E.D. Chief Romero wrapping up state’s ‘bottom up’ plan

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Gov. John Hickenlooper’s “bottom-up” economic plan isn’t rocket science, but local economic development officials are pinning their hopes on the plan’s ability to revive Colorado’s faltering economy.

Dwayne Romero, newly appointed executive director of the state’s Office of Economic and Development and International Trade has spent his first months on the job traveling more than 3,000 miles to all 64 Colorado counties learning about economic development needs that will be used to create a single statewide plan.

“There will be no rocket science in our state set of initiatives — it will be what we can do in a short period of time, two years,” he said.

Romero will be in Colorado Springs May 18 to speak at the Colorado Springs Regional Economic Development Corp.’s annual awards luncheon.

“We certainly have been involved in the bottom-up plan to get good feedback to understand what the state’s needs are,” said Mike Kazmierski, president and CEO of the EDC. “It’s a good opportunity to have all business organizations work together to understand what the state needs.”

State needs are driven by local needs, Romero said. That’s why the governor spent four months developing the plan that will be unveiled Monday, May 15.

“Having a wiring diagram as to how it is that we wish to grow out of a recession — with county statements, regional statements and state level of statements,” he said. “(that) will aid us in how we communicate on a habitual basis.”

El Paso County developed its own plan and sent it to the state, according to a letter to Hickenlooper from Sallie Clark, vice chairwoman of the El Paso County Board of Commissioners. The overall theme in the county, she said, was the need for transportation improvements, both in the highway and at the Colorado Springs Airport.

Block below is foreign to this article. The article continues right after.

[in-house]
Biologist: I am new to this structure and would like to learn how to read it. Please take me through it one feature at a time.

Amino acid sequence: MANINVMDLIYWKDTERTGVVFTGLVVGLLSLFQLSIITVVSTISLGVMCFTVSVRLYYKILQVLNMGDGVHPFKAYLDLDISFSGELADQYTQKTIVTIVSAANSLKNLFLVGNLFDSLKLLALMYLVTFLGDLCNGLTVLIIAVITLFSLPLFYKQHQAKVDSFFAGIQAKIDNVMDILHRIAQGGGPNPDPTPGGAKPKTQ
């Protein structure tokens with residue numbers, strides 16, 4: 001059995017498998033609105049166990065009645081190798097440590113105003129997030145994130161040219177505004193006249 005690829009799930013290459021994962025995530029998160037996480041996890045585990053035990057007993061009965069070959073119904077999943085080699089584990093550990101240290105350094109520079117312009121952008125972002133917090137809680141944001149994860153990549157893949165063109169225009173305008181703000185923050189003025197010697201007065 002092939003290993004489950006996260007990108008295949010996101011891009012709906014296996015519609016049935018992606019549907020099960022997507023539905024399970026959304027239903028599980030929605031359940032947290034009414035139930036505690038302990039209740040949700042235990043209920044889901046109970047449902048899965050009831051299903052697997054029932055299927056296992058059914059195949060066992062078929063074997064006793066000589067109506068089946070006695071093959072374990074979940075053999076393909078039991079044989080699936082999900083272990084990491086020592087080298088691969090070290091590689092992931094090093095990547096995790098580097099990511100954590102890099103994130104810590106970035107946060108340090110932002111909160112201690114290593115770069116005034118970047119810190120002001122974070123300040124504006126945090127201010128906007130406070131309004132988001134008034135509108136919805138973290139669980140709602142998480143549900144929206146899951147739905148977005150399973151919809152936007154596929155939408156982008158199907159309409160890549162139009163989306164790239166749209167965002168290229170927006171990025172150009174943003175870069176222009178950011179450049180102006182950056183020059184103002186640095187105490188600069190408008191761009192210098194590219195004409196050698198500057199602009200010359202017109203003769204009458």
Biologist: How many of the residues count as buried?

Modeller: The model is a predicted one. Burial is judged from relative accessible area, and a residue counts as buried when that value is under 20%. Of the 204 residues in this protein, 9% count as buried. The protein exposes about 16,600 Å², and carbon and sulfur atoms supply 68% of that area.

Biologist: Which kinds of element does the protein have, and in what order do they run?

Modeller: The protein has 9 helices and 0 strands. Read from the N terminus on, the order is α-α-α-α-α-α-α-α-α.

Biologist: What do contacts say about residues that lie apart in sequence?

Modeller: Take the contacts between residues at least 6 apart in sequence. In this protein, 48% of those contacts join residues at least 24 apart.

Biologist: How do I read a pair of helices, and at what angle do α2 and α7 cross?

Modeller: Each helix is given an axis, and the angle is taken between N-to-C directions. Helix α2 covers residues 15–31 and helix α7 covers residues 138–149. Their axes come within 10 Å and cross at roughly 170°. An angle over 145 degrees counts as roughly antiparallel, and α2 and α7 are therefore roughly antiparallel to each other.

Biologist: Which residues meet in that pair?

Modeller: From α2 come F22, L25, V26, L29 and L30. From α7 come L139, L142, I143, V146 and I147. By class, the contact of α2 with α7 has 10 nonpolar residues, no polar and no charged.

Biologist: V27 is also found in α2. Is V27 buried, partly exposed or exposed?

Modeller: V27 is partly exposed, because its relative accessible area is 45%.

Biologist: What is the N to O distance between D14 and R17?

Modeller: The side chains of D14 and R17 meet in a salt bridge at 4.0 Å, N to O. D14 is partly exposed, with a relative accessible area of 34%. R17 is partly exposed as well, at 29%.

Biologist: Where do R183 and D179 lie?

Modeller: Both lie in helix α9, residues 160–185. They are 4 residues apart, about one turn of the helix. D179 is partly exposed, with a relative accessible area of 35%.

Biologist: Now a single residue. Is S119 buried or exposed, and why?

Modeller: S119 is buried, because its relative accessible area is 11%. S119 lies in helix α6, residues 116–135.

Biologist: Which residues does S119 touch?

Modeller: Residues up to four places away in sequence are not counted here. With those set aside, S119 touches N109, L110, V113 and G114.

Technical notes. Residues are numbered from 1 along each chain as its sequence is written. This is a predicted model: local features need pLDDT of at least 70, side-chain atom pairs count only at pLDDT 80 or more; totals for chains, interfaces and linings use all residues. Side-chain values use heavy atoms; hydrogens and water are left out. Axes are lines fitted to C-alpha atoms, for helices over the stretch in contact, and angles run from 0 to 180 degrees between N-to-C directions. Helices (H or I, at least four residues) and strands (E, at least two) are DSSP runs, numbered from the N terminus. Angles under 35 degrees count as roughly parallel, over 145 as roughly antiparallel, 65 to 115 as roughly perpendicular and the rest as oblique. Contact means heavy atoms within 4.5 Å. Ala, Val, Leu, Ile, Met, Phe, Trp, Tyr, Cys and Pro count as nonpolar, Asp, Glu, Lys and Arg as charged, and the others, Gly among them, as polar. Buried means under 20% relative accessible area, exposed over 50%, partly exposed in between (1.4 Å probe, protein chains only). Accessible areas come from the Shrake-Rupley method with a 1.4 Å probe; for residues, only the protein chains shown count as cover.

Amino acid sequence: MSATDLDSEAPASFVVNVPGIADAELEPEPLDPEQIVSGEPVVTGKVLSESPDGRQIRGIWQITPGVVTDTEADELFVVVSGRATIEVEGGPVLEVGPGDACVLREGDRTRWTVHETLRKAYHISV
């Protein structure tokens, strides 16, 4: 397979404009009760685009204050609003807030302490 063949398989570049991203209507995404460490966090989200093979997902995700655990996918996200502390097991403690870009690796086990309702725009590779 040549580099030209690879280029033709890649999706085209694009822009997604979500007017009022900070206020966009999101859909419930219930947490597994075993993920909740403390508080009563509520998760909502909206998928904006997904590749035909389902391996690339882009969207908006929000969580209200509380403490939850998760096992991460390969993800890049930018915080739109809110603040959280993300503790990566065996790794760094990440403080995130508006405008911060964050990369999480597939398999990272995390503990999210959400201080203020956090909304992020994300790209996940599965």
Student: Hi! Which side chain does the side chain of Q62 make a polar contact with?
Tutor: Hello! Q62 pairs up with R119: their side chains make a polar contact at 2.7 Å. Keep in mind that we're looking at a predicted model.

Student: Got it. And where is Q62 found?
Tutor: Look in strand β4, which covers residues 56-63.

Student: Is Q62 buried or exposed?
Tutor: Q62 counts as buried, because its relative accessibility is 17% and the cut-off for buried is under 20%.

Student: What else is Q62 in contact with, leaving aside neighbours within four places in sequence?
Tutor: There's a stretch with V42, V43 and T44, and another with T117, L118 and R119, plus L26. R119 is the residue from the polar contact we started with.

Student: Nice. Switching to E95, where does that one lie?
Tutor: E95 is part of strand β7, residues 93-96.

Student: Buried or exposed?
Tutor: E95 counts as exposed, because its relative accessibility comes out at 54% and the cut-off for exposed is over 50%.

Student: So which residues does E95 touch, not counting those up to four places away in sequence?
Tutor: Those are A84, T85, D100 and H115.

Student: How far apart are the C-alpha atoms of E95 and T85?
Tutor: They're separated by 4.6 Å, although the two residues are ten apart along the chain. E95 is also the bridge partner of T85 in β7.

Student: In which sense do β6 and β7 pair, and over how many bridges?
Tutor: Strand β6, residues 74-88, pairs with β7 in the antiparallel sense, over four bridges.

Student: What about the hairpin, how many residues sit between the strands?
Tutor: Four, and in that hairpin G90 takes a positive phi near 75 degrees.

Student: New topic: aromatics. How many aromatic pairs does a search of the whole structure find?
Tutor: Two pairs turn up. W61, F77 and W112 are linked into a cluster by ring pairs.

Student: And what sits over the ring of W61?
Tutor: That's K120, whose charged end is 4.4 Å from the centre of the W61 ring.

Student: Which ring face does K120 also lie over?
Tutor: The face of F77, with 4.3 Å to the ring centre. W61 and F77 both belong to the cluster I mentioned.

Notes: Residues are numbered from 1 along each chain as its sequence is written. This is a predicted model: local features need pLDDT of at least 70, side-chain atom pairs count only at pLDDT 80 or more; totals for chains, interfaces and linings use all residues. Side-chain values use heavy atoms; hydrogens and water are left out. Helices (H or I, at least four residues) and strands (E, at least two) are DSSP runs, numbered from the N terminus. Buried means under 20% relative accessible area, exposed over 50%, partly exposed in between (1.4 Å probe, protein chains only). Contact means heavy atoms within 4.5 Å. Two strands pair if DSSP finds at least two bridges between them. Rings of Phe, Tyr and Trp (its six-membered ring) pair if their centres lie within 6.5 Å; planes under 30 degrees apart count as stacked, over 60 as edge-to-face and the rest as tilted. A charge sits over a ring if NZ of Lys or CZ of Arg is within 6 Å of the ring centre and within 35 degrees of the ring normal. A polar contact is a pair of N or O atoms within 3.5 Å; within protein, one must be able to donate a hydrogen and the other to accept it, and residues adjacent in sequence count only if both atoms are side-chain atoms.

“As you know, this is critical to our economic vitality and assistance from the Colorado Department of Transportation is needed,” she said. “The lack of funding for higher education was also an overriding concern, along with TABOR.”

Increasing tourism and encouraging defense-related industries topped the list of goals El Paso County sent to the state. Sports and wellness groups were third and information technologies also made the list. The county wants to work to expand resources to foster entrepreneurship and small business development.

The county also told the state about the importance of the military community to its economic health. It asked for a military liaison in the governor’s cabinet and recognition by the legislature of the positive impact of the military to the entire state.

Each of the goals came with a set of strategies, actions and outcomes. .

However, there’s no guarantee that El Paso County goals will make it in the plan.

“The governor has promised to incorporate as many of these ideas into the state’s overall economic plan,” Romero said. “Each county has its own needs and hardships, but this type of comprehensive approach holds promise.”

The state held its final working sessions earlier this month. Despite the over-arching state plan, Romero said economic development must truly start from the bottom-up.

“What we are trying to do is shape and organize our role to help aid your local economic recovery,” Romero said. “All this work effort, ultimately, is owned at the local level. It is owned by leadership at these regional and small community levels.”

The state doesn’t want to interfere with local plans — it only wants to serve as a resource.

“I am sure of this,” he said. “You don’t want state leadership to come in and try to own your solution. However, you damn well want state leadership to understand your challenge, to be empathetic to your concerns and to be very urgent in how we apply the resources that we can.”

The draft report of the statewide plan is due May 15, followed by a 10-day public comment period. On June 14, there will be a public webinar and the final blueprint is due June 30. Romero also said the state would return to each region within six months to work on the initiatives.

Then, the real work begins.

“This network of county statements and regional initiatives and statewide initiatives will only be as strong as what we are willing to do,” Romero said.